How do you know what our founding fathers are thinking? It seems it is you who is crying over your misguided images of SS. The message in bright lights here was that young and older workers alike need to plan for retirement, including personal retirement savings, that can be combined with SS modest funds to meet cost of living in expenses when retirement or medical disability comes your way. This is a message to be shared with the members of the Urban Leage, in order that those members return to their home communities and encourage others to better plan for their retirement. I know that SS monthly payments now are modest and do not cover the totality of today’s living costs. Likewise, disability payments are modest too. This is contrary to your impressions of SS being a nanny from cradle to grave. SS helps meet people’s basic human living costs when they have limited alternatives due to medical disability or limitations due to old age.

      • Susan

        If you don’t know what the Founding Fathers would think of this SSA racket, then you don’t know much about the founding of this country. Perhaps you are too young and the education system was already devoid of the politically incorrect story of the founding of this once great country. Did you read the first paragraph of the article, Doral? This is where I got the idea that SSA thinks their mission is to provide help cradle to grave. First sentence says “Social Security is here to secure today and tomorrow.” Really, is that what you think of when you think about Social Security’s role in your life? Just think, if you and I could have a choice to keep the money that we and our employers are forced to contribute rather than give it to government, we really wouldn’t need the government doling out our money according to their rules. If some people want the government to take care of them, fine….let the government take your money and give it back to you on their terms. Have you noticed that most of the comments on this website are from people who complain about not getting enough benefits from the government? How is it that baby boomers and their parents got the impression that SSA was going to provide everything they need and want in old age? They got that idea from FDR and every succeeding Democratic President. They lied. Now they have a band of 60,000 SSA workers out beating the bushes telling people that SSA will save them. You act like SSA is helping people by giving them money to live on. Have you forgotten that the money didn’t come from the government….it came from the employees and their employers. How dare you take an attitude that SSA is “giving” people anything. It’s their money!!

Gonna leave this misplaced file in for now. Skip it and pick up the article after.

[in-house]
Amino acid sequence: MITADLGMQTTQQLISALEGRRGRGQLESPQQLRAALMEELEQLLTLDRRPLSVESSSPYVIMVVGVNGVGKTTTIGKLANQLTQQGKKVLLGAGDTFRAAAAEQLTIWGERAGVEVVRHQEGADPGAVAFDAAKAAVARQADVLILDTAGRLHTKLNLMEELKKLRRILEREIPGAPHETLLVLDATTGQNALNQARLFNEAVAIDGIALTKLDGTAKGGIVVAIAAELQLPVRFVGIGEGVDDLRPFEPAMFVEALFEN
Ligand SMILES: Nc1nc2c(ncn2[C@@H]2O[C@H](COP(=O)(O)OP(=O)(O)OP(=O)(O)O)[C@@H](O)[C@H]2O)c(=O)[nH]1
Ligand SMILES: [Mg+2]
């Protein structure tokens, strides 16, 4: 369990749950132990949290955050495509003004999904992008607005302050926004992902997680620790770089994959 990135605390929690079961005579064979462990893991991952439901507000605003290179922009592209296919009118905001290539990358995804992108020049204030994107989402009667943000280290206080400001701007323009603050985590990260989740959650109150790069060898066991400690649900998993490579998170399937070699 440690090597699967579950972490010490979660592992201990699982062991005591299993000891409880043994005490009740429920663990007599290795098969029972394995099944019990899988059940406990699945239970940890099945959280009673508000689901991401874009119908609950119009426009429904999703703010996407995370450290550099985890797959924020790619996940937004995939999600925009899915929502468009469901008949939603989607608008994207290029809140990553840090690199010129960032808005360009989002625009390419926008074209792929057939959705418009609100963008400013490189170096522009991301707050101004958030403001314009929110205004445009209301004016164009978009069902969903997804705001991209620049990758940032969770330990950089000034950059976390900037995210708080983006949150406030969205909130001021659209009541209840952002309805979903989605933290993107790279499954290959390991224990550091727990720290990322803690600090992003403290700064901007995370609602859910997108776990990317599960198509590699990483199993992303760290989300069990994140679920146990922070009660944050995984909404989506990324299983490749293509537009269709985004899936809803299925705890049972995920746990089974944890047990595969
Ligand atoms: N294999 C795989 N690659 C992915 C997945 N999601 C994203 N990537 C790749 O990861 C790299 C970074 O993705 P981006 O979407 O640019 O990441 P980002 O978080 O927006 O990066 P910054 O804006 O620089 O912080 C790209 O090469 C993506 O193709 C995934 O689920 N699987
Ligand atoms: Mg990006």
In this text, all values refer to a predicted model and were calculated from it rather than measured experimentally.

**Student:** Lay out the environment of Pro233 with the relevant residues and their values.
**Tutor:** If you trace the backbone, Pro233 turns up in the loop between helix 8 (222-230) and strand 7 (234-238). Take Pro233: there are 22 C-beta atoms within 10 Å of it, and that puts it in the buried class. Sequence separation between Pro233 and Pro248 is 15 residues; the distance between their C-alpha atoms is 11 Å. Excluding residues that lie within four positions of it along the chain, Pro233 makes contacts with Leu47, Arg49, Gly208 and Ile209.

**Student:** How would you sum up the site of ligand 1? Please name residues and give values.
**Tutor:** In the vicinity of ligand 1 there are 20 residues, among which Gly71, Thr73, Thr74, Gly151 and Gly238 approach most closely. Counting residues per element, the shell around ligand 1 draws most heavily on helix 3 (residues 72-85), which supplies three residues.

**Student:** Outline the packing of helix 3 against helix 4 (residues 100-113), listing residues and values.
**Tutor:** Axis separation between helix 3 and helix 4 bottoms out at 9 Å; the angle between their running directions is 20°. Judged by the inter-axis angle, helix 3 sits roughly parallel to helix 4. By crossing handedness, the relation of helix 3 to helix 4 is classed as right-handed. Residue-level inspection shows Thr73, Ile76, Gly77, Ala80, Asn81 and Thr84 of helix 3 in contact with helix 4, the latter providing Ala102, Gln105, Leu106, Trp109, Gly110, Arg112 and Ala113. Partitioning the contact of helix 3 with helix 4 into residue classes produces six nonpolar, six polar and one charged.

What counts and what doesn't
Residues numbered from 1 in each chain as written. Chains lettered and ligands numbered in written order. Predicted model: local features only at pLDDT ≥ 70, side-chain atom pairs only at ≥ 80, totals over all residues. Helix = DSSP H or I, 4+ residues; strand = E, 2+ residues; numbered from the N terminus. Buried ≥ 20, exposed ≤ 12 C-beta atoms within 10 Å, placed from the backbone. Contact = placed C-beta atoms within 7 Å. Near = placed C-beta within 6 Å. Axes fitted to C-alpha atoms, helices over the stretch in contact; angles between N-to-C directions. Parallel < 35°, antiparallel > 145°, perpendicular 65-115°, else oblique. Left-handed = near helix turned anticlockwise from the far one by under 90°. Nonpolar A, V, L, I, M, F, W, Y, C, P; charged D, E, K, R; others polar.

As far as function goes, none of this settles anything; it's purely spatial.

• DrGonzo888

          You are taking that first sentence way too literally. They are saying what could happen or when it could be needed. A lot of people do not know about survivors benefits and the like. SHAME on them for telling people. Yes benefits are not large sums of money at retirement, they were not meant to be. It was meant to supplement the other retirement plans a person had in place. If you didn’t and chose to rely on SSA, then that’s on you.

          In regards to letting people keep the money and invest it ? 1) most wouldn’t sadly 2) We are recovering for a sever economic crash, one that would of basically bankrupted those privately invested funds for the middle class.

          To make fun of others for not knowing “politically incorrect history” is a joke when you don’t know what you are speaking of either.

        • Chris

          Susan Susan Susan… Social Security was NEVER meant to be the sole source of income for retirement. It is meant as a supplement for your other retirement investments whether it be the stock market, 401K, IRA’s etc. There are many who DO rely on it unfortunately as their sole source of retirement who did not have the wherewithal to do that just as those who seem to cry the loudest are more concerned with keeping up with the Jones rather than building up other retirement options. For the Jones crowd it is poor planning, for those lower income families Social Security is a blessing and even though often not enough it does help.
          It will always exist and the best way to keep it funded is to lift the cap on earnings. Have a good day…anger and hate are not healthy for anyone.

          • Susan

            So, when someone expresses a dissenting opinion, it’s anger and hate. You must not have mis-read my comment and I know it is sometimes difficult to follow the thread of comments and replied. I know SSA contributions will not cover all retirement expenses. I think I was expressing the fact that many of the people who post to this blog seem to think it should. Anyway, SSA is a mess and raising caps might help, but perhaps some cuts are in order. I know Congress has to pass changes to the law, but do we really need to provide burial expenses? Do we really need to let people double-dip the system. Apply for my half my husband’s retirement while still working and then switching to my own benefits when I’m 70 and can collect the maximum amount? There are lots of problems. But I don’t think that just because there are some people who don’t want to save for their retirements and prefer to get SSA that I should have to contribute if I don’t want to collect SSA when I retire. Let SSA be a program for the economically poor, if that’s what they want. This is a no-win argument for me. There’s too many people who want the handouts and not enough people who want to take care of themselves. As long as government robs Peter to pay Paul, Paul votes to keep it that way. Our poor country;(

    • cynthia B.

      Amen, SSA Thieves n Killers

  6. Lea B.

    Dear Stacy,